Reforms without Results: Why States Should Stop Excluding Violent Offenses from Criminal Justice Reforms
Date:  04-10-2020

Prison Policy Initiative finds people convicted of violence have lower recidivism rates
From Prison Policy Initative:

States are increasingly recognizing that our criminal justice system is overly punitive, and that we are incarcerating too many people for too long. Every day, 2.3 million incarcerated people are subject to inhumane conditions, offered only limited opportunities for transformation, and are then saddled with lifelong collateral consequences. Yet as states enact reforms that incrementally improve their criminal justice systems, they are categorically excluding the single largest group of incarcerated people: the nearly 1 million people locked up for violent offenses.

The staggering number of people incarcerated for violent offenses is not due to high rates of violent crime, but rather the lengthy sentences doled out to people convicted of violent crimes. These lengthy sentences, relics of the “tough on crime” era, have not only fueled mass incarceration; they’ve proven an ineffective and response to violence in our communities and run counter to the demands of violent crime victims for investments in prevention rather than incarceration.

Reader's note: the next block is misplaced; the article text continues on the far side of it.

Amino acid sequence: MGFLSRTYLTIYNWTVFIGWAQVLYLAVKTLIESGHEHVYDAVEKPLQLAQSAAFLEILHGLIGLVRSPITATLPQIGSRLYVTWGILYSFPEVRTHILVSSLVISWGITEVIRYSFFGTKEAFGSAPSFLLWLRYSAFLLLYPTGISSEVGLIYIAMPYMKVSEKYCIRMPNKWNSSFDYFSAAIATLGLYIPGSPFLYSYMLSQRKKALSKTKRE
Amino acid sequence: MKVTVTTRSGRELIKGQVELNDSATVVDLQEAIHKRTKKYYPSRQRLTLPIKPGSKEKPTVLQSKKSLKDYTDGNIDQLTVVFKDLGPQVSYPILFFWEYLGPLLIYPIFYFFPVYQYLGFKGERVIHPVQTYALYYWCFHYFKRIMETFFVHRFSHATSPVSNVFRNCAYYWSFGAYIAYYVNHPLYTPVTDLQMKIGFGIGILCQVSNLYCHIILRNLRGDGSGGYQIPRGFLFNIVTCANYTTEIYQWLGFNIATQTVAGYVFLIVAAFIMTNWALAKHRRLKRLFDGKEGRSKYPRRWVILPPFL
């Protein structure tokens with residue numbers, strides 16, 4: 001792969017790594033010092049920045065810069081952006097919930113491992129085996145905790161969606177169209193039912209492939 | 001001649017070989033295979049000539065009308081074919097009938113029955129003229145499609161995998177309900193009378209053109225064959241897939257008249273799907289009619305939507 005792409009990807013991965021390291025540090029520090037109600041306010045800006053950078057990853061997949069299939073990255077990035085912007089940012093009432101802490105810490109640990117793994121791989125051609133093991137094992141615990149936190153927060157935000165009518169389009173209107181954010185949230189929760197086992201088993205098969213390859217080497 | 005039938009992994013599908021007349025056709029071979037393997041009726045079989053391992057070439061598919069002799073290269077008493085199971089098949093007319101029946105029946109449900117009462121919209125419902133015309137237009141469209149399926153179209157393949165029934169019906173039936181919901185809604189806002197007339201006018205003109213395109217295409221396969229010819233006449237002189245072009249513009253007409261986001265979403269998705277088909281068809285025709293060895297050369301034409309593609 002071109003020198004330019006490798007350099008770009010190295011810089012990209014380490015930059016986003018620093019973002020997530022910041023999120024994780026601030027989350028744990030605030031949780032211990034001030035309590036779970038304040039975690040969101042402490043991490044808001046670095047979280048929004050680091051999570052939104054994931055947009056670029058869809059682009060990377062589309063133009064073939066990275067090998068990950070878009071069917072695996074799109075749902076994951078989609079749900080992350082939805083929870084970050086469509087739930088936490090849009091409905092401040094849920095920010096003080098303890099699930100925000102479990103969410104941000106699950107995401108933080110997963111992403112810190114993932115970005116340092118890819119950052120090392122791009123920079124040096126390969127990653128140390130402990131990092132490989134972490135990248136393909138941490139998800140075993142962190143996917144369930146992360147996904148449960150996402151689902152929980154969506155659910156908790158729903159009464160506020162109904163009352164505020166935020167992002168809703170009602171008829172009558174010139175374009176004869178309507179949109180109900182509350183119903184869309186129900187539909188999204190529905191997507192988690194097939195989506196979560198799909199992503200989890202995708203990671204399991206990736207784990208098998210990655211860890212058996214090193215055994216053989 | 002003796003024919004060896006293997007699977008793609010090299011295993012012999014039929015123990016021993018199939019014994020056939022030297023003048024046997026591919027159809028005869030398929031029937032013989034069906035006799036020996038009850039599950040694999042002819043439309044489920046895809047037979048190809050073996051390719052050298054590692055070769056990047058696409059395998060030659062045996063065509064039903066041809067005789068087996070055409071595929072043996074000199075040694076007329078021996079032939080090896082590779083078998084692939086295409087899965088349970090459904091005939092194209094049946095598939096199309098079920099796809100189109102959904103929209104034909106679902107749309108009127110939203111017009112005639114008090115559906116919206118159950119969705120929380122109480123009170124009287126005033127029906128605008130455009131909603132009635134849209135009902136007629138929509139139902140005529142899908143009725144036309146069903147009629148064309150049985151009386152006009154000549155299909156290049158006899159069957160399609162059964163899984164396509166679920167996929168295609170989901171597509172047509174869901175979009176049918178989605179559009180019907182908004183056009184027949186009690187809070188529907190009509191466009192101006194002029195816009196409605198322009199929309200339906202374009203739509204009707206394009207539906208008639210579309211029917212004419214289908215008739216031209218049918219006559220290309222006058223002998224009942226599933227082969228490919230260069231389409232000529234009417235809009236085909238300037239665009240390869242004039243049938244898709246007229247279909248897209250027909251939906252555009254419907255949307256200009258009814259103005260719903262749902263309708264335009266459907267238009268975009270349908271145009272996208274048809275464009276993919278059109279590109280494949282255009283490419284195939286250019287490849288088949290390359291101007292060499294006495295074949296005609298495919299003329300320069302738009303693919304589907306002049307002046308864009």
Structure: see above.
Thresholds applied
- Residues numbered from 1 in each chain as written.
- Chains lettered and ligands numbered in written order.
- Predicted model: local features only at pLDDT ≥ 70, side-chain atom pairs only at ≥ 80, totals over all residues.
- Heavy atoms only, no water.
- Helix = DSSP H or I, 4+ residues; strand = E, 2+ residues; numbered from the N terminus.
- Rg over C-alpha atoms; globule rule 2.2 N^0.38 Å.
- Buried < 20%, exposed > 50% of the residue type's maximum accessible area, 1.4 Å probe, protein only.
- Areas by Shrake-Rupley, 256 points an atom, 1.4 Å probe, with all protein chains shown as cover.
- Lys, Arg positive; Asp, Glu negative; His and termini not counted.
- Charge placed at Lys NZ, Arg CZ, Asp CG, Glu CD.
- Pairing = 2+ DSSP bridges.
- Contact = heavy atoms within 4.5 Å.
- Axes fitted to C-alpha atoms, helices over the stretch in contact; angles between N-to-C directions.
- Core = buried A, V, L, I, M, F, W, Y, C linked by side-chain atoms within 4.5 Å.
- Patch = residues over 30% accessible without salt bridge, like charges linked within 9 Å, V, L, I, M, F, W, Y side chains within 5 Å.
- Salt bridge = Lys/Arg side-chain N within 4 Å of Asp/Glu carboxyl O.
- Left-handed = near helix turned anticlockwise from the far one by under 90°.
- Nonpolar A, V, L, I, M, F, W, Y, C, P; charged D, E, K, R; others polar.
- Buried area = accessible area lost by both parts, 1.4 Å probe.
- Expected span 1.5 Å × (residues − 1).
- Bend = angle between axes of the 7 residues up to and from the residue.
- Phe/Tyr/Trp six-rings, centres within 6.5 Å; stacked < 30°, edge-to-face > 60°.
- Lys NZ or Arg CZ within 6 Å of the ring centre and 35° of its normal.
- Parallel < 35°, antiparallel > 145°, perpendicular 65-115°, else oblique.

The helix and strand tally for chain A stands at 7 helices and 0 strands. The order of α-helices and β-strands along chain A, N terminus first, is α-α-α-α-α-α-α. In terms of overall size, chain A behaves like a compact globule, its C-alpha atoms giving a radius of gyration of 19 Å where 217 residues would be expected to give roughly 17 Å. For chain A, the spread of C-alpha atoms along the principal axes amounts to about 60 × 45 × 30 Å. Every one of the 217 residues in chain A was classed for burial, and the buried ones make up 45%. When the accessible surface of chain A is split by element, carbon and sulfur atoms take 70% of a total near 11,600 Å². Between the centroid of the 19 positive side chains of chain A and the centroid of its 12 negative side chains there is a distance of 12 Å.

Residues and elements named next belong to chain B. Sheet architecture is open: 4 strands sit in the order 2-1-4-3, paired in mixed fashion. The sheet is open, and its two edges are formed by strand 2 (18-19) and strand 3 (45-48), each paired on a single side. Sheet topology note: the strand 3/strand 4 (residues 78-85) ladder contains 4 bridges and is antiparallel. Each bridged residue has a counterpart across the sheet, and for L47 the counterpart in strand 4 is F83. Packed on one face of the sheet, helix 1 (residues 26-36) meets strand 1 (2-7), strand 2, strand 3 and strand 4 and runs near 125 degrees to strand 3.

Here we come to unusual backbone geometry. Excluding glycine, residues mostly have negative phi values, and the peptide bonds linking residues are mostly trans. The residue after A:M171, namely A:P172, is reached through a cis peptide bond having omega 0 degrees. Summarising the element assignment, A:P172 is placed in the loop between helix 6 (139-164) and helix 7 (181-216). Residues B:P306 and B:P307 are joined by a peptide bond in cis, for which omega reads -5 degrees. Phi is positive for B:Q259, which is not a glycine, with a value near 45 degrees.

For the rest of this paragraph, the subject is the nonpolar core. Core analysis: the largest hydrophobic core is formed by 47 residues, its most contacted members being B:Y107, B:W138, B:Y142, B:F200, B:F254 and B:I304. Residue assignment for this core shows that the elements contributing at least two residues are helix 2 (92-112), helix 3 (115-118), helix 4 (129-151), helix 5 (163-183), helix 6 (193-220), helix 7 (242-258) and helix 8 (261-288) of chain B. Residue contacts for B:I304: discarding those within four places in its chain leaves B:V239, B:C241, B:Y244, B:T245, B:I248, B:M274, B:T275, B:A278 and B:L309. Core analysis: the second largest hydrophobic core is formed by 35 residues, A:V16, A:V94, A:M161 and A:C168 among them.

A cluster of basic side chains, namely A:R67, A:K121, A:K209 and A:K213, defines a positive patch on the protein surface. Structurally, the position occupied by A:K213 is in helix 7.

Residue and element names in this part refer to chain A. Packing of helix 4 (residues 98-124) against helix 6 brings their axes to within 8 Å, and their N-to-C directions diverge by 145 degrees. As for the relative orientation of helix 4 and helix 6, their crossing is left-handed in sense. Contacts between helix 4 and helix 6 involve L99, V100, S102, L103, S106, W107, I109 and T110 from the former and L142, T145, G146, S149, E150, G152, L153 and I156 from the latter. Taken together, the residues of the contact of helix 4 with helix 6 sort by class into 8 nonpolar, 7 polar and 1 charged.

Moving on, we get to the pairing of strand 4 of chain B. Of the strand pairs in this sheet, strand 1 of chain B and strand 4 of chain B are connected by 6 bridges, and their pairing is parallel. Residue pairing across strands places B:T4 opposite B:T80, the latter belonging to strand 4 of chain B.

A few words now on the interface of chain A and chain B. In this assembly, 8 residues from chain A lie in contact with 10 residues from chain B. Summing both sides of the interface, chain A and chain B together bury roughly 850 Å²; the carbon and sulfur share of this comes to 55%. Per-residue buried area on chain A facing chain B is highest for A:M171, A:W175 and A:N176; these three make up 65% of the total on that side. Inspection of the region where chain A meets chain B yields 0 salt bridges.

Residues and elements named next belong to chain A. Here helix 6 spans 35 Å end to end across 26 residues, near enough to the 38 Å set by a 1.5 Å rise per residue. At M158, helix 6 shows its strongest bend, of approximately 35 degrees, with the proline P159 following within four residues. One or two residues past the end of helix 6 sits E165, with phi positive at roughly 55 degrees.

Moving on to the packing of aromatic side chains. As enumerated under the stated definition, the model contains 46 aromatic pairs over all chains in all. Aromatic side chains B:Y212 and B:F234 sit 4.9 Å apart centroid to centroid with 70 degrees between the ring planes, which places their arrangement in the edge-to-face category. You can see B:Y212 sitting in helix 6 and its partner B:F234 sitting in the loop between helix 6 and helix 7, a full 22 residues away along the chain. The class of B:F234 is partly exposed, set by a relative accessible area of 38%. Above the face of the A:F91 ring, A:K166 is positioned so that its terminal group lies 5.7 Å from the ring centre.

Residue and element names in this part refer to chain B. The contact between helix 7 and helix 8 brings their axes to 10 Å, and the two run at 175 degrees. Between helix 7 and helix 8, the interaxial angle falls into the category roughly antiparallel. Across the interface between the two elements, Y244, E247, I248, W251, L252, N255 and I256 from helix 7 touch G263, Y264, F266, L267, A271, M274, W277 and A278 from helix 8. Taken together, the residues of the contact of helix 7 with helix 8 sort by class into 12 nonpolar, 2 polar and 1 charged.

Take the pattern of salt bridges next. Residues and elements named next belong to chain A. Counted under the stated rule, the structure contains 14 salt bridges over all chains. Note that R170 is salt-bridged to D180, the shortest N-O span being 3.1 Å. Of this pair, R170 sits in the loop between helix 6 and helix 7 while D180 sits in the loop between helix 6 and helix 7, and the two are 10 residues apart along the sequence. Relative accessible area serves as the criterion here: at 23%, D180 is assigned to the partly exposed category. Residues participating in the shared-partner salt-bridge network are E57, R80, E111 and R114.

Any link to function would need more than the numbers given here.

Moreover, cutting incarceration rates to anything near pre-1970s levels or international norms will be impossible without changing how we respond to violence because of the sheer number of people — over 40% of prison and jail populations combined — locked up for violent offenses. States that are serious about reforming their criminal justice systems can no longer afford to ignore people serving time for violent offenses. Continue reading >>>